Hong Kong homeowners have probably asked themselves this question countless times — Will property prices take a big hit if the United States Federal Reserve suddenly decides to raise its benchmark interest rate? While experts believe such theorizing may be a false proposition, it seems to be a consensus in the city that home prices will find it easier to trend downward rather than move up at this stage, given cut-throat competition among developers and other factors.
The property market pressure is undoubtedly reflecting the possibilities of a U-turn in the monetary policy and interest environment, even though it may not directly stem from the Fed tapering.
The first wave of capital flight from emerging markets was witnessed during last spring and summer after the Fed implicitly indicated its fund withdrawing plan. The flight has turned worse since the Fed put its words into action. Amid this situation, investors from Asia to Europe and the United States are selling risky assets to protect their wealth.
Such chaotic markets indicate that weaning the capital markets off easy money is a tough job for central bankers, the Hong Kong Economic Journal’s investor diary argues.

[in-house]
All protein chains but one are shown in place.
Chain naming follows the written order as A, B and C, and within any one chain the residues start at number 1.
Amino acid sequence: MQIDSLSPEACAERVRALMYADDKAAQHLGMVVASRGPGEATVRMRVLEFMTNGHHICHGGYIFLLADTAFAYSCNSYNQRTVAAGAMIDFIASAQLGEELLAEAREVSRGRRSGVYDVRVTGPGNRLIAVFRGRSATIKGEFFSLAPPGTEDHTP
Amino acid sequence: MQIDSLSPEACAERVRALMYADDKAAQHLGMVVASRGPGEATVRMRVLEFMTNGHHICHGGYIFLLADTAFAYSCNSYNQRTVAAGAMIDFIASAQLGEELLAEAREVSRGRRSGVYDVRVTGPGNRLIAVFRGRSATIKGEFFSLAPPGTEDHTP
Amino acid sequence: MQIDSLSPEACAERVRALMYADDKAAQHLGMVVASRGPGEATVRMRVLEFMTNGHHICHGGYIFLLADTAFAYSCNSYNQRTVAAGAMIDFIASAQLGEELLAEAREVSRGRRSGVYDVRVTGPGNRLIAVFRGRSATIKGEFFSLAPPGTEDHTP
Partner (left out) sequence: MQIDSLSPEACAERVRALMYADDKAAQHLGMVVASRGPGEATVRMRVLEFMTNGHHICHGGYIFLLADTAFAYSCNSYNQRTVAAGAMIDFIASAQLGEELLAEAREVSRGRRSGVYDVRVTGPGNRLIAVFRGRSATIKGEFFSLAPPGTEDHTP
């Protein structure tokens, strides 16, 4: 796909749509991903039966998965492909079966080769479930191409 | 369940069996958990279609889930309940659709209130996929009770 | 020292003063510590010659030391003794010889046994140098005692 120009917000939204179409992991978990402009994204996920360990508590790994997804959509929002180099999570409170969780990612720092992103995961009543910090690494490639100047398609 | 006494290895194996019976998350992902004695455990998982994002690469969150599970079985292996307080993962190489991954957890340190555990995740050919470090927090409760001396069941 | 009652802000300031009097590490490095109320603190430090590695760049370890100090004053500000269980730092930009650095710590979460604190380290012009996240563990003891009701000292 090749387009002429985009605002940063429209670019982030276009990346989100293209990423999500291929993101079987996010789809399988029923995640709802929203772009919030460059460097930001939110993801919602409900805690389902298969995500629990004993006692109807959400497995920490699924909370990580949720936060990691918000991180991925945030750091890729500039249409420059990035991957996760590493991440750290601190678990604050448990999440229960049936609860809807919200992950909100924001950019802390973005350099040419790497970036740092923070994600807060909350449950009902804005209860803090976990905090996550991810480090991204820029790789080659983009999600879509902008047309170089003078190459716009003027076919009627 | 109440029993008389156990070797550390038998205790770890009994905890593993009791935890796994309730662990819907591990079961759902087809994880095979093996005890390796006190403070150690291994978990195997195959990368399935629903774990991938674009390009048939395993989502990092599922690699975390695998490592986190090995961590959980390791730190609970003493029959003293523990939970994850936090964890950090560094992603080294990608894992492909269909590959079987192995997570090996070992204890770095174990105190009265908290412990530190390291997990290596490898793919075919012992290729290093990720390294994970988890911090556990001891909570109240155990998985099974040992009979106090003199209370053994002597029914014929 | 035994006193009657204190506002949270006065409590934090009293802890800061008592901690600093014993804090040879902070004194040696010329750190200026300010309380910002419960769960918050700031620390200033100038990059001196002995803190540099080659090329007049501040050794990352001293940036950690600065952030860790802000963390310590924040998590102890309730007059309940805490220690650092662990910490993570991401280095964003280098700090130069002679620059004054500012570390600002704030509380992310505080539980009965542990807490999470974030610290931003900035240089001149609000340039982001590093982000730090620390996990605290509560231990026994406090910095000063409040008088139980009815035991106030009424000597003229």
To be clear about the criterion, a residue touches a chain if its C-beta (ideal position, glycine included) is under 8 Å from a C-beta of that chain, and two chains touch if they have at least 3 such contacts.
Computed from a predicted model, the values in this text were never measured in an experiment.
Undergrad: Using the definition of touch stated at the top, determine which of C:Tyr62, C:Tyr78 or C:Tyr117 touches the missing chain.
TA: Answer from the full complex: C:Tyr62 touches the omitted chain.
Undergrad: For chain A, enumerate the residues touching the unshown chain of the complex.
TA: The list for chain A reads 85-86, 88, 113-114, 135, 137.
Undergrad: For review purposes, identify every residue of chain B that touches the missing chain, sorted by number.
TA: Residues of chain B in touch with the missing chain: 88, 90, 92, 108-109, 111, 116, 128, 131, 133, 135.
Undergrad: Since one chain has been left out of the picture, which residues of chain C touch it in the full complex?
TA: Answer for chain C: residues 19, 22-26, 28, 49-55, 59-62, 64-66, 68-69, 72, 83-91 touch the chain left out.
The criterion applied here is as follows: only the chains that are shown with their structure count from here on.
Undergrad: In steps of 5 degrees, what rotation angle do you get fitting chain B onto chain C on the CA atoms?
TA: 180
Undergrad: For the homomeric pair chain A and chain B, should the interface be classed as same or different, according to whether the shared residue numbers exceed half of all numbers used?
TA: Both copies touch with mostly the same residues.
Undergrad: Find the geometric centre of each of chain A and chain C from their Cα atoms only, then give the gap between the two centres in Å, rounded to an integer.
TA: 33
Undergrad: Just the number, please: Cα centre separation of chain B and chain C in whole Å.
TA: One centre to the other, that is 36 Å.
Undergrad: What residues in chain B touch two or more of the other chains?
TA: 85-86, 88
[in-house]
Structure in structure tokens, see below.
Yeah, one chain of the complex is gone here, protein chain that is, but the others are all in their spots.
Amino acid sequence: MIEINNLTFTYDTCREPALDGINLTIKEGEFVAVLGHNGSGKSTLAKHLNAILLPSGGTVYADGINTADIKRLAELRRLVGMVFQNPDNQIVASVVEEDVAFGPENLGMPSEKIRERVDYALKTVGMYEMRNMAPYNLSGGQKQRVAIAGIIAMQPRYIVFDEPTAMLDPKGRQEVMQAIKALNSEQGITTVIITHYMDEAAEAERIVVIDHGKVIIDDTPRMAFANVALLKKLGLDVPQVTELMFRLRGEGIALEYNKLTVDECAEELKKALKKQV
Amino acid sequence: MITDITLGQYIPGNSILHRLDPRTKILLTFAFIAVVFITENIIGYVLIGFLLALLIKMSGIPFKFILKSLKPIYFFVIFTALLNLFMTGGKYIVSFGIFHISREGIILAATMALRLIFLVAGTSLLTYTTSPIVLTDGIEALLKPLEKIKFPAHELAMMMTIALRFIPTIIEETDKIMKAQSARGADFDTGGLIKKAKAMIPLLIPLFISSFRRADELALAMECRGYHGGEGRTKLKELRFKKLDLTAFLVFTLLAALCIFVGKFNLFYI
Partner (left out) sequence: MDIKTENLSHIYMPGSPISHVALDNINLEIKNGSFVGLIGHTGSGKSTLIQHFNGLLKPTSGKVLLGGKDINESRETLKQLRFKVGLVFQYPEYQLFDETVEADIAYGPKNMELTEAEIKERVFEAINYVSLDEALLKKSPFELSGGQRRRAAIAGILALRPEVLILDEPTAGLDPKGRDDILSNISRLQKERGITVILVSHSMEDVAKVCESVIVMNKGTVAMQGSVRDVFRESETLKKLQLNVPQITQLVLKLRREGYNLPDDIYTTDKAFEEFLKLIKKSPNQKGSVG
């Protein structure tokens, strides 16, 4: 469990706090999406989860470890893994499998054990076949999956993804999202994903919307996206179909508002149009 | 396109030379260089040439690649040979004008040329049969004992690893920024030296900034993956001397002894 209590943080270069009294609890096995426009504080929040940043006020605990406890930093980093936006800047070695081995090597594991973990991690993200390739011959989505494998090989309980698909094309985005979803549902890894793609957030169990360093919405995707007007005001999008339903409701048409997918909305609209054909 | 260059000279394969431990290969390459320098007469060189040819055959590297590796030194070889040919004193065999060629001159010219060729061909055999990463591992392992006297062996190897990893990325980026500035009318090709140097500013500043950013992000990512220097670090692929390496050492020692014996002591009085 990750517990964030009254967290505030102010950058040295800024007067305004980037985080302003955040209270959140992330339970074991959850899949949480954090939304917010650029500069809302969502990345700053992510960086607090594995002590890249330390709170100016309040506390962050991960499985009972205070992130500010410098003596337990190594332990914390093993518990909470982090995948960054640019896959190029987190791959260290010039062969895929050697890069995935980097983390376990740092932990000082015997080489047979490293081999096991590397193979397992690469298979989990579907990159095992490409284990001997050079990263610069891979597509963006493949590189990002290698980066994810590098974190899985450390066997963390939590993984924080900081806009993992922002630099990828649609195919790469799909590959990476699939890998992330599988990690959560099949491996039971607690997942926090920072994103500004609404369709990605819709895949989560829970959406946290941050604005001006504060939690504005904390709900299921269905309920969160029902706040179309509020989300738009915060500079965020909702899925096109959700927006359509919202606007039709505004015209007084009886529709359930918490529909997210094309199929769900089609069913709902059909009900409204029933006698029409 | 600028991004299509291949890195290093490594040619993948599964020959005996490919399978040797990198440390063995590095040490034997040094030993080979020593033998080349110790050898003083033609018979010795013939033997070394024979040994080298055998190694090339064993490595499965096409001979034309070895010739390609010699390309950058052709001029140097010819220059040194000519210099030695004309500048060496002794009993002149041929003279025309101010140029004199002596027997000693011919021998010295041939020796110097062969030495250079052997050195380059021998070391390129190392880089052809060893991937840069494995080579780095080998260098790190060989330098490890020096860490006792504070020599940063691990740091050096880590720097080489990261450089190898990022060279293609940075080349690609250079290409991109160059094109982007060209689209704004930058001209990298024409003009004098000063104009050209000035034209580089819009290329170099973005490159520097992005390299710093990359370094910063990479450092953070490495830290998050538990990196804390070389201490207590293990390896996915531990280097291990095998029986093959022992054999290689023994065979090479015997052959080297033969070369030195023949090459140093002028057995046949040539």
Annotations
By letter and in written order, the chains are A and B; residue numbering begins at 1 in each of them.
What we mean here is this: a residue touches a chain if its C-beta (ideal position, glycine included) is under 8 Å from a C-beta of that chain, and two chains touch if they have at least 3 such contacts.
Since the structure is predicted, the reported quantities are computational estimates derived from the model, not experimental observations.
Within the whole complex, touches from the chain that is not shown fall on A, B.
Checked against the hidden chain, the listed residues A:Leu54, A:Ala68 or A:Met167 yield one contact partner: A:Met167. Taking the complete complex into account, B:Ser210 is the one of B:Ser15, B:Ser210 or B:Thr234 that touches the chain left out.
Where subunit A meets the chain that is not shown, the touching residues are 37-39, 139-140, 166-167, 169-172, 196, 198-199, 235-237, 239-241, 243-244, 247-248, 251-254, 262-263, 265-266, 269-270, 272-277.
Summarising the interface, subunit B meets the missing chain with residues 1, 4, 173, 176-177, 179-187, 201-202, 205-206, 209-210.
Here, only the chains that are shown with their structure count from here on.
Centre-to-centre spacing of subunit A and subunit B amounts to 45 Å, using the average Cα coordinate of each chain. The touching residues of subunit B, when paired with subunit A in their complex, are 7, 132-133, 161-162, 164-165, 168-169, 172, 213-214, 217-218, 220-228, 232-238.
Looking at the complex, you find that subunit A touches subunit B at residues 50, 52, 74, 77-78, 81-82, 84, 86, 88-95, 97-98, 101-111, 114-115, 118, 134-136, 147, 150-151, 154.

The Fed’s real policy goal should be ensuring stable price levels and full employment, but it’s hard for the central bank to ignore the reaction of capital markets when it makes its decisions.
As the Fed keeps reassuring the market of an extremely-low interest rate environment before formally winding up its asset-buying program, there is probably a long way before the super-low interest rate era ends.
Interestingly, the Hong Kong Monetary Authority’s former chief Joseph Yam published on Monday a working paper titled “Working with Financial Markets: Beyond the Third Party Plenum”, stating that it is now time for the People’s Bank of China (PBoC) to abolish its existing monetary policy regime centering on controlling the amount of money supply. Instead, the central bank can raise the efficiency of capital allocation in the banking system by targeting at cost of funds, he wrote.
As such, lenders can price their loans based on their capital sufficiency and the borrowers’ credit quality. That will benefit the country’s financial and economic development.
There were two periods of credit crunch in China last year, both of which were followed by not-too-aggressive fund injections from the PBoC. The moves suggested that the central bank is perhaps experimenting with a more market-driven fund pricing approach.
But the extremely large amount of new bank loans and aggregate social financing level in January suggests that the PBoC, like the Fed, is also facing difficulties in shifting to a more restrictive monetary policy to bring about a less leveraged economy.
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